San Francisco Ballet in Trey McIntyre's Your Flesh Shall Be a Great Poem.© Erik Tomasson. (Click image for larger version)

San Francisco Ballet in Trey McIntyre’s Your Flesh Shall Be a Great Poem.
© Erik Tomasson. (Click image for larger version)

Flesh had an epic start, almost cinematic. The curtain rose ever so slowly, like an old-school movie where the credits come at the beginning rather than at the end. A bright moon illuminated the backdrop. With a distinctly frontier feel, Reid Bartelme and Harriet Jung’s costumes placed the action back in time; Chris Garneau’s folksy recorded score lilted through the air, like trees rustling in the wind. What followed was a suite of dance vignettes (each one set to a different Garneau selection) where multiple aspects of the human condition were explored.

Solo work factored heavily in Flesh, which made sense considering the dance had a protagonist. Skillfully interpreted by Benjamin Freemantle, it was the emotional quality of the solos that really struck. Particularly the feeling of absence. Alone on the stage, Freemantle looked out into space, his gaze fixed longingly on the horizon. You could feel that something was missing. Was he yearning for connection, searching for connection or remembering a connection from the past? While I enjoyed these solos, I actually felt that Flesh’s emotional breadth was conveyed more strongly in the dance’s small groupings. Two dancers faced front, near each other, but not touching. Their hands softly covered their hearts, then their mouths; an attempt to transfer their feelings into words. Their arms reached for each other, but they were unable, or maybe even unwilling, to make contact. The distance between them, whether literal or figurative, was too great. But Flesh wasn’t all heaviness. Plucky staccato footwork brought joy to the table. High soaring lifts and jumps in Isabella DeVivo and Steven Morse’s pas de deux, elation and excitement.
 

San Francisco Ballet in Annabelle Lopez Ochoa's Guernica.© Erik Tomasson. (Click image for larger version)

San Francisco Ballet in Annabelle Lopez Ochoa’s Guernica.
© Erik Tomasson. (Click image for larger version)

Powerful. Aggressive. Confronting. All are apt descriptors for Annabelle Lopez Ochoa’s pulsating Guernica. Inspired by Pablo Picasso’s 1937 masterwork of the same title, the ensemble work for sixteen was filled with themes from the famous painting. Mark Zappone reflected it in his costume design, using a palette of black, white, cream and grey, and fashioning bull horn headpieces for the two lead couples (a bull is featured on one side of the art). Choreographically, heads rolled up to the right and then up to the left, also evoking the bull, while strong geometric lines informed much of the syntax – angular shapes, sharp edges, extreme splits. And every motion, pose and circuit had an unmistakable, almost violent, attack.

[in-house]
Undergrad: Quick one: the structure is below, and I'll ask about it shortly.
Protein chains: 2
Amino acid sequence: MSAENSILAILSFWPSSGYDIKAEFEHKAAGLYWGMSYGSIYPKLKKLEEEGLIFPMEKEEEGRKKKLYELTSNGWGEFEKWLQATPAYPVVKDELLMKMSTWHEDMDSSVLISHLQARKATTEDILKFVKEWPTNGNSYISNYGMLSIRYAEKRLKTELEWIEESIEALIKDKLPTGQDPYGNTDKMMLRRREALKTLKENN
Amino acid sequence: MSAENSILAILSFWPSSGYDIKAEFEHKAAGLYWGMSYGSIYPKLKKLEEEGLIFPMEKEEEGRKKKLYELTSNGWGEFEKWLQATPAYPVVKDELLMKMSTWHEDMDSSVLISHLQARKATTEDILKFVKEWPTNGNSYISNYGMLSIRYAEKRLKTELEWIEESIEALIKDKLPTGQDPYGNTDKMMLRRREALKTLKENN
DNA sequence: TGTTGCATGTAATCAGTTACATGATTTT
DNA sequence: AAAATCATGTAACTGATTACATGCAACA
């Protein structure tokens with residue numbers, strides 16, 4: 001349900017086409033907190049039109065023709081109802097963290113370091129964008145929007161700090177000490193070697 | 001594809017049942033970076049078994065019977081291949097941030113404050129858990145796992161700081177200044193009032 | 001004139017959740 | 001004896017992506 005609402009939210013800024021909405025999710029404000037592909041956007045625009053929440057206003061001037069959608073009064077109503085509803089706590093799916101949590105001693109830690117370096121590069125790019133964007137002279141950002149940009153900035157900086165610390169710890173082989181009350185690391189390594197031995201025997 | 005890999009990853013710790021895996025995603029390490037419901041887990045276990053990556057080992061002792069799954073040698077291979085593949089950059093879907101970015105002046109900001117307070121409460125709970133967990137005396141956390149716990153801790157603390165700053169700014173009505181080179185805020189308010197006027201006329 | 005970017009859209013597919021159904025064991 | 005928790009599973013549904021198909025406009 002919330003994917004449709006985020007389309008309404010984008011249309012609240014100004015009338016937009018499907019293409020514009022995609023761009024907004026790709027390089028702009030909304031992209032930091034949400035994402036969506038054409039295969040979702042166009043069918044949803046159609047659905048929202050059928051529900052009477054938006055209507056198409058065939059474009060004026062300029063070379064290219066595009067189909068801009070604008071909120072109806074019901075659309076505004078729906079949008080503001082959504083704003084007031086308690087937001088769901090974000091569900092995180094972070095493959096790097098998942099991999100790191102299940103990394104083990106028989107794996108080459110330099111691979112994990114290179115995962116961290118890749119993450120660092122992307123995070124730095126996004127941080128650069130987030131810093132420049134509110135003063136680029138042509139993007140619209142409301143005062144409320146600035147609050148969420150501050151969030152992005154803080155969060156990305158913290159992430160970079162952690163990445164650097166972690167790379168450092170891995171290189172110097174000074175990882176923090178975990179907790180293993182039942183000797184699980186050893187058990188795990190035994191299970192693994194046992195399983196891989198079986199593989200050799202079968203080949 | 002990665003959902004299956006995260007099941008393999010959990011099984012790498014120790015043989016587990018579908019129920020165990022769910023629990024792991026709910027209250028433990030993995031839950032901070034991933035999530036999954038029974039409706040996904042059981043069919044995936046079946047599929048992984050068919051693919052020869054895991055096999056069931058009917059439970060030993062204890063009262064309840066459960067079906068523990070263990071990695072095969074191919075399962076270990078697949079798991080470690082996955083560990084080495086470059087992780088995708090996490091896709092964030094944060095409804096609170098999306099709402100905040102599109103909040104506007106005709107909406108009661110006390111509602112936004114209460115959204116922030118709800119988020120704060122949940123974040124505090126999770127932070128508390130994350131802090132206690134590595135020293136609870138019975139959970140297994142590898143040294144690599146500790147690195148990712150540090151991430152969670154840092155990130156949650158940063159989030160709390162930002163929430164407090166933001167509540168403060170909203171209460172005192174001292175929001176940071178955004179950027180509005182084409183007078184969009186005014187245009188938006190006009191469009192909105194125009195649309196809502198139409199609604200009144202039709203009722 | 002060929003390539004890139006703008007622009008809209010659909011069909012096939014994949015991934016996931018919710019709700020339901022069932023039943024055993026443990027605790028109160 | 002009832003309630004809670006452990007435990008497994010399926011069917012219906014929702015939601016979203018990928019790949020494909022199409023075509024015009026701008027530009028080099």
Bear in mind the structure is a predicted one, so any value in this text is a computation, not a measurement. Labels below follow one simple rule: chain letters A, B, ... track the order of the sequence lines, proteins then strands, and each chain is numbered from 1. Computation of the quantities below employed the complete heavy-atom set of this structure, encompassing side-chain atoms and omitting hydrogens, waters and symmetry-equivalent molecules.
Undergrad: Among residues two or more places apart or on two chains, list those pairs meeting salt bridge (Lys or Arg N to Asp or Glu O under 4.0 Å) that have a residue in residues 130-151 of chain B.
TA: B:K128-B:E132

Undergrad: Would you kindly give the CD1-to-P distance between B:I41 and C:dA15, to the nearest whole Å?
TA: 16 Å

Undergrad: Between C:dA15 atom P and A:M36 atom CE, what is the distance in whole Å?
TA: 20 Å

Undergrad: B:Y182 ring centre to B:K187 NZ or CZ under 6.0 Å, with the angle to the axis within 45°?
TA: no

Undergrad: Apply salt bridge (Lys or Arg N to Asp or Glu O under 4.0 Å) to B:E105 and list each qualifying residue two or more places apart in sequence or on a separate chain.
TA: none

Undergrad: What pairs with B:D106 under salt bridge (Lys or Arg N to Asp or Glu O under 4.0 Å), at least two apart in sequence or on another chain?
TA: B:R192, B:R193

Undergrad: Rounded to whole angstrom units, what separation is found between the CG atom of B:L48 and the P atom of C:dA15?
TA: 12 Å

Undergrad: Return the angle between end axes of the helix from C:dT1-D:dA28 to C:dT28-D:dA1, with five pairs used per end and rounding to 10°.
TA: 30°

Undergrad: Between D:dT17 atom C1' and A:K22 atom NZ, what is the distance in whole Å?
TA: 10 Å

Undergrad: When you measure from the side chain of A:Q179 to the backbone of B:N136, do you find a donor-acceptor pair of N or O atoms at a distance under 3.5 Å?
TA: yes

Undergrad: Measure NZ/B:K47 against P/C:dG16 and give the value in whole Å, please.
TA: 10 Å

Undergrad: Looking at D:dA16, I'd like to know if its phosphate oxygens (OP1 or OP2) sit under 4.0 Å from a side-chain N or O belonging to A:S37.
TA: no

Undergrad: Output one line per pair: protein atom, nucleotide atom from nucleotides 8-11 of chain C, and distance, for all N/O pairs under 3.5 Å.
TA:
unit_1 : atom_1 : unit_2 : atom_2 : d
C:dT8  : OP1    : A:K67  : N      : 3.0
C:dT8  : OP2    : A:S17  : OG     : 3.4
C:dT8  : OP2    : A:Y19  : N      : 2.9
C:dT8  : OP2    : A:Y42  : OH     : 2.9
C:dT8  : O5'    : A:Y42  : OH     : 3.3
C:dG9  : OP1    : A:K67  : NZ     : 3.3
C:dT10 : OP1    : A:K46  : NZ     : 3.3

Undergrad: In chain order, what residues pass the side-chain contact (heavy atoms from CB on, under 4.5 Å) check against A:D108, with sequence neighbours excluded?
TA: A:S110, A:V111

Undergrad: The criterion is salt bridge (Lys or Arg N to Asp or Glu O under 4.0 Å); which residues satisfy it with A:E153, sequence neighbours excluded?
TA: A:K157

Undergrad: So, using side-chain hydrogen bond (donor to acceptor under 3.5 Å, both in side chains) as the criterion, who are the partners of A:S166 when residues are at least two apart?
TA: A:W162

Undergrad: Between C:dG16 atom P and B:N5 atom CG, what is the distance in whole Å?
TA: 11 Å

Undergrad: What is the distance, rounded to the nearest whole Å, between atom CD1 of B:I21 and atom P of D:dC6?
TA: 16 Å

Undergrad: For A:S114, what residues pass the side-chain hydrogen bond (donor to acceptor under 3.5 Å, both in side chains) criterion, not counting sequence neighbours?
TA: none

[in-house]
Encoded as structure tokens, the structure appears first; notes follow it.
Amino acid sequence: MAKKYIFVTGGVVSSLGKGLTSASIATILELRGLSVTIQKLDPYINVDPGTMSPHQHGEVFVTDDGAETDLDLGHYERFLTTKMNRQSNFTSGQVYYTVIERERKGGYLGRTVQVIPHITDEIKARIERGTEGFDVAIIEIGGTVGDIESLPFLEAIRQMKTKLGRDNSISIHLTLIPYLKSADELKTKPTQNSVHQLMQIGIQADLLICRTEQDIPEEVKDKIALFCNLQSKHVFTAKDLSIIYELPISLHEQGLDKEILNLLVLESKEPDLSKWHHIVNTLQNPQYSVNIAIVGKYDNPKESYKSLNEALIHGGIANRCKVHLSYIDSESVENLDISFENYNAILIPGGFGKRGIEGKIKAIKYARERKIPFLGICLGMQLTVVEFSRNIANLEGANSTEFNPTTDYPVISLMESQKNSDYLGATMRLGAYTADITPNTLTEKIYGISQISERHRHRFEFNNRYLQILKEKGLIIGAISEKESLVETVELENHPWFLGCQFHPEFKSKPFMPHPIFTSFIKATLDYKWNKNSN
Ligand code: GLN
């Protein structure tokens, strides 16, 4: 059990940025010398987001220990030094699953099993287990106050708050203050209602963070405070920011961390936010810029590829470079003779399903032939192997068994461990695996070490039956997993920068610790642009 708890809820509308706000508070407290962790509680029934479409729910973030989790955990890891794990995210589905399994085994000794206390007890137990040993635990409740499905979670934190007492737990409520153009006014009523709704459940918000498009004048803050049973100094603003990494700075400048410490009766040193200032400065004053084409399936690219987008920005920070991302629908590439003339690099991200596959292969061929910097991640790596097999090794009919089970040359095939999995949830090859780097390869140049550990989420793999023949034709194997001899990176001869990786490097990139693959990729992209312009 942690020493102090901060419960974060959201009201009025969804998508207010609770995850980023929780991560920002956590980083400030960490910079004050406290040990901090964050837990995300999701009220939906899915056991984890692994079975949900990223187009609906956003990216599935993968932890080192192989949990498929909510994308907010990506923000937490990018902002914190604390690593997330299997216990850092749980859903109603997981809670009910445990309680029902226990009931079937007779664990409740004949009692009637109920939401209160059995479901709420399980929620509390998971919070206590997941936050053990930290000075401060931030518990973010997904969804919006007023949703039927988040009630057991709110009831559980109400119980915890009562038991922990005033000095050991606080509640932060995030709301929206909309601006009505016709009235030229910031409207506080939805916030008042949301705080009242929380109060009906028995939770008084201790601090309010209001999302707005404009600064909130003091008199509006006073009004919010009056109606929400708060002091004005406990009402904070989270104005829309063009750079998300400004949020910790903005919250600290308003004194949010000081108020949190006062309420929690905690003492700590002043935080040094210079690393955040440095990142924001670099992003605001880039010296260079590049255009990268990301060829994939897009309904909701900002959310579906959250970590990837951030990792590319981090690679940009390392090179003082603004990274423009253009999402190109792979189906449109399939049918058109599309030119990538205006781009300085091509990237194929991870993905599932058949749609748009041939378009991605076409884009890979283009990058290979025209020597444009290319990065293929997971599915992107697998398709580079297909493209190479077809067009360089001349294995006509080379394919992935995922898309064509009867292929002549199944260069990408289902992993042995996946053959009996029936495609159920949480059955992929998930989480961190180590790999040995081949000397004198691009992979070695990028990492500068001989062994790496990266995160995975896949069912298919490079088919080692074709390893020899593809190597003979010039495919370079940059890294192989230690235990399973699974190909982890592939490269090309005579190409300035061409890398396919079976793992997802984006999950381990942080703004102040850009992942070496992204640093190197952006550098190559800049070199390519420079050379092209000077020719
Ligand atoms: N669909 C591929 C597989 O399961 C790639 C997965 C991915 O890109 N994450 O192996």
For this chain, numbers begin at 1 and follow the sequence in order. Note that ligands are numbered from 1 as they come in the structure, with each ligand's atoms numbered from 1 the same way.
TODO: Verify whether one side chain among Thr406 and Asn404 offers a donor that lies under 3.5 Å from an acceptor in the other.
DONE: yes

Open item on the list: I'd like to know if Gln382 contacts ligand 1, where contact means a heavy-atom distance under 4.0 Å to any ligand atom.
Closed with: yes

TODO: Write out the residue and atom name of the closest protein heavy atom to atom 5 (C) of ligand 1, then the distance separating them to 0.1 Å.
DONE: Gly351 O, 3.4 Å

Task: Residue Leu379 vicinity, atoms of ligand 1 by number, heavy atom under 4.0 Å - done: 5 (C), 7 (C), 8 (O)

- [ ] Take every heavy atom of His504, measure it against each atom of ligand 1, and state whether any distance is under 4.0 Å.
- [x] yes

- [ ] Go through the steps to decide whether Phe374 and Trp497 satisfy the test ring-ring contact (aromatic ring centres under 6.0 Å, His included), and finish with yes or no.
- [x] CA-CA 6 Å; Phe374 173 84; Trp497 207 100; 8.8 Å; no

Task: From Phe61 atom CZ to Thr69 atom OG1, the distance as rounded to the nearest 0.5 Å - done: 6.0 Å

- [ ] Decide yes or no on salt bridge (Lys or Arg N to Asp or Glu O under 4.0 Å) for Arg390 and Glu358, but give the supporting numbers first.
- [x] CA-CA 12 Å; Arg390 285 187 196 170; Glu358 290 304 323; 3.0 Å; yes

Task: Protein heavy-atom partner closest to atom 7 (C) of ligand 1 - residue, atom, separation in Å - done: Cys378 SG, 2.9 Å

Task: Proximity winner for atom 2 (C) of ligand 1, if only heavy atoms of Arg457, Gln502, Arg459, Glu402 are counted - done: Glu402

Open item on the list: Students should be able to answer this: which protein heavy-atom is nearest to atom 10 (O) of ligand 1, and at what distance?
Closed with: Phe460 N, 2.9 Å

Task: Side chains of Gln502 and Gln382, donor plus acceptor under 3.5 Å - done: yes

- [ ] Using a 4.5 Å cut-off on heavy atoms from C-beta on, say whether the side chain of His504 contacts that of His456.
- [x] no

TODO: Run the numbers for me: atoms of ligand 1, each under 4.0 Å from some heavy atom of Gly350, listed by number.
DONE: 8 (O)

When you look at the Picasso, it’s impossible to ignore the fracturing and fragmentation of the images (a known tenet of the Cubist style). Ochoa brilliantly infused this state into Guernica’s choreographic patterns. The cast would circle out and away from the center, the scene inexplicably breaking into pieces. Multiple entrances and exits throughout the dance made it feel like the landscape was constantly forming and re-forming. And Ochoa took phrase material off of pointe to demi-pointe to break the line of the leg. The hard quality of Guernica’s recorded electronic score was definitely fitting, though a couple of sequences were too grating for too long.
 

Dores André and Vitor Luiz in Lopez Ochoa's Guernica.© Erik Tomasson. (Click image for larger version)

Dores André and Vitor Luiz in Lopez Ochoa’s Guernica.
© Erik Tomasson. (Click image for larger version)

As Guernica reached its conclusion, the mood shifted. The final pas de deux (danced by Dores André and Vitor Luiz) still had a strong intensity, but Ochoa layered in a kind of softness and suspension too. It was a beautiful moment of counterpoint. And appropriately, the music also shifted (just in time for me) to a lyrical piano solo, performed live by Ronny Michael Greenberg.
 
 

About author
Work for DanceTabs

Heather Desaulniers is a freelance dance writer based in Oakland, California. She is the Editorial Associate and SF/Bay Area columnist for CriticalDance, the dance curator for SF Arts Monthly and a frequent contributor to several dance-focused publications. Website: www.heatherdance.com